In May 2021, an independent testing lab, Valisure, found elevated levels of benzene, a suspected carcinogen, in some sunscreens. As a result, Johnson & Johnson recalled five kinds of Neutrogena and Aveeno sunscreen sprays, and CVS stopped selling some of its sunscreen products (Dermatology Times, May 25, 2021).
In August 2021, Haereticus Environmental Laboratory, a nonprofit organization, asked the U.S. Food and Drug Administration (FDA) to withdraw sunscreens that contain the ingredient octocrylene, found in almost 2400 skin products (Chemical Research in Toxicology, March 2021).
Two years ago, in March 2019, the FDA proposed new rules on sunscreen safety:
• Only two of the active ingredients in sunscreens, zinc oxide and titanium dioxide, are “Generally Recognized As Safe (GRAS)”
• Two sunscreen ingredients, PABA and trolamine salicylate, are no longer generally recognized as safe
• The other twelve active ingredients currently in use may not be safe
• Sunscreens that include insect repellents are not considered safe
The FDA is supposed to release the final rules no later than September 27, 2021; I will report on them as soon as they are issued.
We do not know how safe sunscreens are because they have never been tested systematically. Oxybenzone in sunscreens has been shown to be absorbed into the bloodstream in humans and to disrupt hormones in animals. Many sunscreens contain the filters octylmethoxycinnamate, benzophenone-3 or octocrylene, which reflect ultra violet rays away from your skin to protect it only when they are on the surface of the skin. However, when these sunscreens are absorbed and the skin is not re-coated, they increase skin production of harmful oxidants that can cause skin aging and cancer (Free Radical Biology and Medicine, September 2009).
Different Types of Sunscreens
Sunscreens help to prevent sunburns and skin cancers because they actually block the ultraviolet rays of the sun that damage the skin. Sunscreens are classified as those that contain:
• Blockers: minerals that block some of the sun’s rays (zinc oxide and titanium)
• Absorbers: chemicals that absorb the sun’s rays so that less pass through to the skin (benzophenone, dioxybenzone, oxybenzone, sulisobenzone, sulisobenzone sodium, obenzotriazoles)
The chemical sun ray absorbers are more effective than the mineral blockers, and therefore they dominate most of the sunscreen market today. However, both types of sunscreens can be absorbed into the bloodstream (Toxicol Rep, May 27, 2017;4:245–259), and the chemical sun ray absorbers are absorbed more rapidly at more significant levels (JAMA, May 6, 2019). Some of the absorber sunscreens are “endocrine disrupters” that may increase cancer risk (Int J Androl, Jun 2012;35(3):424-36). We have known all of this for nearly 25 years (Lancet, 1997;350(9081):863-864).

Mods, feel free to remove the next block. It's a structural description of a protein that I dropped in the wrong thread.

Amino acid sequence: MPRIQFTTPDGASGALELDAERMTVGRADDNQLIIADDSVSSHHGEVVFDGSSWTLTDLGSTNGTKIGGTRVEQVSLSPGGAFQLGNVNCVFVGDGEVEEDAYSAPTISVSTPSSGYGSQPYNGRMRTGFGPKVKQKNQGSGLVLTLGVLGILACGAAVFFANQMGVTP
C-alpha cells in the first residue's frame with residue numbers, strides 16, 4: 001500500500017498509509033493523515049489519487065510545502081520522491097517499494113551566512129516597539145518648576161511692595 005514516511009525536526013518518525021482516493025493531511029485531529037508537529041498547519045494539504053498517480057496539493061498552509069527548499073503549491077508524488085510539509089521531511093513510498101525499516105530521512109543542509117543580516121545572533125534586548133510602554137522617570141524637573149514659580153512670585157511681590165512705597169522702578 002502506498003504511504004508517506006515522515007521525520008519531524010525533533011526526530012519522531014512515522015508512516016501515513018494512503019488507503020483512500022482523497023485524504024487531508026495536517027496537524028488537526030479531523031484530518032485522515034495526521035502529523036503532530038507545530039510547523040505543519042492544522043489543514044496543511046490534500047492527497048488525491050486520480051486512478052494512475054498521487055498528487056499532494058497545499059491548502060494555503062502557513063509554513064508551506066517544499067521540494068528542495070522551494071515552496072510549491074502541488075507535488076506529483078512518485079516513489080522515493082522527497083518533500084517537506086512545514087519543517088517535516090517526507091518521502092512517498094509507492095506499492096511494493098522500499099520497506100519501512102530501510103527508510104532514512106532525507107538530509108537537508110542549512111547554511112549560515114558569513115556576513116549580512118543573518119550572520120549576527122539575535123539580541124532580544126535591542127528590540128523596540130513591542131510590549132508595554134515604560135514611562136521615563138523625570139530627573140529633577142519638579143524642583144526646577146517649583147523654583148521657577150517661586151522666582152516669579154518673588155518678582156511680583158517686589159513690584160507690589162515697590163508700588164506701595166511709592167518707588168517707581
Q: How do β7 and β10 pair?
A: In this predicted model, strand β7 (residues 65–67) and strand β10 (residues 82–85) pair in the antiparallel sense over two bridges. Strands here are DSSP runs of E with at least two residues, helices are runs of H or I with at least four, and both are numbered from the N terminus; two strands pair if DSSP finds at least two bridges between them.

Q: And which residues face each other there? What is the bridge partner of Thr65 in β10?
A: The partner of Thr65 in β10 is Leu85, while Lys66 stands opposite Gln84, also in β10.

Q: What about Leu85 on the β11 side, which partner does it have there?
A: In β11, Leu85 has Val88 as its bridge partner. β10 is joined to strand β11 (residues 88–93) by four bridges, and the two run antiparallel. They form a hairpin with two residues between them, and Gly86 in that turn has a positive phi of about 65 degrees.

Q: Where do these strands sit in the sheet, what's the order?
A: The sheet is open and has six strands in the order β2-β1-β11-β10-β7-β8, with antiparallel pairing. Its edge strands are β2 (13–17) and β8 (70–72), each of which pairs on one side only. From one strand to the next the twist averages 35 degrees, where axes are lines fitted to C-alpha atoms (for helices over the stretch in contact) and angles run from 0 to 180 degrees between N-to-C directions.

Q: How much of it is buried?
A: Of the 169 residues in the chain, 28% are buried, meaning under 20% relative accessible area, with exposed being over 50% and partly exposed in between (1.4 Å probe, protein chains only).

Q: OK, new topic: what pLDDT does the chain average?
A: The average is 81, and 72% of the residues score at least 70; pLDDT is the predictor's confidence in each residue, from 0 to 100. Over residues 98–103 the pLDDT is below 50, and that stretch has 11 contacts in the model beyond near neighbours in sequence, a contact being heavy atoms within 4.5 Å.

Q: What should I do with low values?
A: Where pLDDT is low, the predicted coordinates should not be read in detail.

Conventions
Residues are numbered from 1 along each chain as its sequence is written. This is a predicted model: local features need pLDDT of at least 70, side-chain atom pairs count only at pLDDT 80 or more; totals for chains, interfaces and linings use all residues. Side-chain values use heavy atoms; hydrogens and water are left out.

Dermatologists who have been among the strongest supporters for the regular use of sunscreens to help prevent skin cancer are now very concerned about the harm that some of the ingredients may cause (J Am Acad Dermatol, 2019;80(1):266-271; Dermatol Clin, 2019;37(2):149-157). The FDA has already concluded that the risks for chemical absorbers such as para-aminobenzoic acid (PABA) and trolamine salicylate outweigh their benefits and has proposed classifying them as unsafe.
Protecting Your Skin from Sun Damage
Almost all skin cancers are caused by excessive exposure to sunlight and/or exposure to human papilloma wart viruses (HPV). Basal and squamous cell skin cancers are caused primarily by cumulative exposure to sunlight over a lifetime, so every time you expose any part of your skin to direct sunlight for more than 10 minutes, you may be adding to the damage that you have received from previous exposures. Melanomas are different. They can be caused by a single sunburn at any age.
The most effective protection from UV light is a roof, and then clothes. Sunscreens are the least protective, but they are better than nothing. I recommend using sunscreens that have titanium and/or zinc oxide as the only active ingredients, even though they may be less effective than the sun absorber sunscreens. They need to be applied thickly enough to leave a white coating on your skin, and reapplied when you can no longer see the white coating. For more of my recommendations on protecting yourself from sun damage, see Sunscreens and Sun Protection
Dr. Gabe Mirkin is a Villager. Learn more at www.drmirkin.com